Germany is easing quarantine restrictions for travelers from several countries, including the UK, as of 7 July. The downgrade was recommended by the Robert Koch Institute, the country’s federal public health agency.
under the new rules, people who have been fully vaccinated against COVID-19, or who can prove they have recovered from the virus, will no longer need to isolate themselves when traveling from the UK to Germany
Travelers from India, Nepal, Portugal and Russia were also exempt from quarantine.
Individuals who have not been vaccinated will still need to be quarantined, but the required isolation period has been reduced to 10 days. People who receive a negative COVID-19 test result after five days will have the option to leave quarantine earlier.
Before the relaxation of restrictions, Germany prohibited foreign visitors, only allowing its own citizens and residents to enter its borders. It also required all arriving travelers, including those who were fully vaccinated, to be quarantined for 14 days.
The new plan was negotiated during recent negotiations between German Chancellor Angela Merkel and British Prime Minister Boris Johnson.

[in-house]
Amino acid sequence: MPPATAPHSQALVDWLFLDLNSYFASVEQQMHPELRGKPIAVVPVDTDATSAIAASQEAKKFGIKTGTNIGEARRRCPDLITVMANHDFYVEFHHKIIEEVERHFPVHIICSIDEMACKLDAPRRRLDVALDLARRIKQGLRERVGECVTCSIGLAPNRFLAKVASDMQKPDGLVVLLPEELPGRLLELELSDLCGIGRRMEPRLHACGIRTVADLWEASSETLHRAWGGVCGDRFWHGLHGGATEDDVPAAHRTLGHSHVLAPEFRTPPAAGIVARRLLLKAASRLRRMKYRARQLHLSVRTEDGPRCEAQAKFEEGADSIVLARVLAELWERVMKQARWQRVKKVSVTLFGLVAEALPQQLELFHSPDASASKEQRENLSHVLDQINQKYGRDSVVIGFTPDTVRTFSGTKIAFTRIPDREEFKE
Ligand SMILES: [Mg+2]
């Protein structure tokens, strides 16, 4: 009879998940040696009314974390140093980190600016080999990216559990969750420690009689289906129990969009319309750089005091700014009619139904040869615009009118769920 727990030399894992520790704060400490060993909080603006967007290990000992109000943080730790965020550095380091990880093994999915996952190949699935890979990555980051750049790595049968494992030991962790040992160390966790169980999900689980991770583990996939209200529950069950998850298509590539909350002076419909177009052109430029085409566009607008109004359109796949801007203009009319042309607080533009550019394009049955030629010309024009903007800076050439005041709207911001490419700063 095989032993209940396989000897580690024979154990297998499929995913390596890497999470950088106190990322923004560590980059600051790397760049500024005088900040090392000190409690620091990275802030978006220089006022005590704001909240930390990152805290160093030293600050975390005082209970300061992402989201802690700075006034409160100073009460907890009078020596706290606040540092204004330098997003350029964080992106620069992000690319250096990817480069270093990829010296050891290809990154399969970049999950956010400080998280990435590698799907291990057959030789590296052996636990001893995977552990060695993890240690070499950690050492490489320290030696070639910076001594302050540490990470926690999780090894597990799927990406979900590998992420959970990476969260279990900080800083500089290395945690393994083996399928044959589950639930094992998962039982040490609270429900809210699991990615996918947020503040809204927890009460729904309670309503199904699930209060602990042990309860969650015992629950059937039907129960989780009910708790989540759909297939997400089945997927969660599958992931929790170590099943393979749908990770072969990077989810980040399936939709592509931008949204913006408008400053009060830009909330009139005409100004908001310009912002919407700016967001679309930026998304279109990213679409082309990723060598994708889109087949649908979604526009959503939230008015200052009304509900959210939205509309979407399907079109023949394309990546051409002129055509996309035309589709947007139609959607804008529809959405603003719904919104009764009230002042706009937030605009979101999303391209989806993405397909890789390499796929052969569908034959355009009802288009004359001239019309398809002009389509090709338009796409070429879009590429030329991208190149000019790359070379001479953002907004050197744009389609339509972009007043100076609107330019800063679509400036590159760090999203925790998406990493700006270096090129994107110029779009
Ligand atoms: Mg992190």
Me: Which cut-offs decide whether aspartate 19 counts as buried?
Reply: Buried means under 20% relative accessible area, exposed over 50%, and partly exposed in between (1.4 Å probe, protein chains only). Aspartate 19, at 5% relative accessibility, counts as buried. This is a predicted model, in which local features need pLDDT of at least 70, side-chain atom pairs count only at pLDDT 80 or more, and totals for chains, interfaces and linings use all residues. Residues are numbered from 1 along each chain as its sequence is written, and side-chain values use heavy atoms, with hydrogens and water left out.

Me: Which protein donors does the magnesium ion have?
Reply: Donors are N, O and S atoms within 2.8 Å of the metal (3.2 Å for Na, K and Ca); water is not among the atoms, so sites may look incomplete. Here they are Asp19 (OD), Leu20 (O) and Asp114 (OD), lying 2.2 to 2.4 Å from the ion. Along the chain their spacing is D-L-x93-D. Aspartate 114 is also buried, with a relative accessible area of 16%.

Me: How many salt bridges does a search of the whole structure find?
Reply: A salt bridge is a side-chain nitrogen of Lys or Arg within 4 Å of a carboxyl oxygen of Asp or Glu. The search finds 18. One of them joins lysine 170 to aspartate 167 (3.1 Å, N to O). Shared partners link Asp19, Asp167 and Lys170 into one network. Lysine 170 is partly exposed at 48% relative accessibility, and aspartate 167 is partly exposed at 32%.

Previously, German authorities feared that British travelers would spread the most contagious delta variant of the coronavirus.
First identified in India, the delta strain now accounts for 90% of all new infections in the UK. In an effort to contain it, Germany gave Britain its highest COVID-19 travel designation, a “virus variant area”, on May 23rd.
However, now that the variant is prevalent in many European countries, Germany has reduced the UK to a “high incidence area”, which is its second highest designation.
Germany still lists 11 countries on its “virus variant area” list, including Botswana, Brazil, Eswatini, Lesotho, Malawi, Mozambique, Namibia, Zambia, Zimbabwe, South Africa and Uruguay.
After two months of steady decline, new COVID cases in Germany are on the rise again. According to the RKI, 985 new infections occurred on July 7, an increase of 177 cases compared to last week’s daily increase.
The country’s average seven-day infection rate was 5.1 cases per 100,000 people on July 6, an increase from 4.9 cases per 100,000 people in the previous week.
Since the start of the pandemic, Germany has reported a total of 3.73 million cases and 91,110 deaths.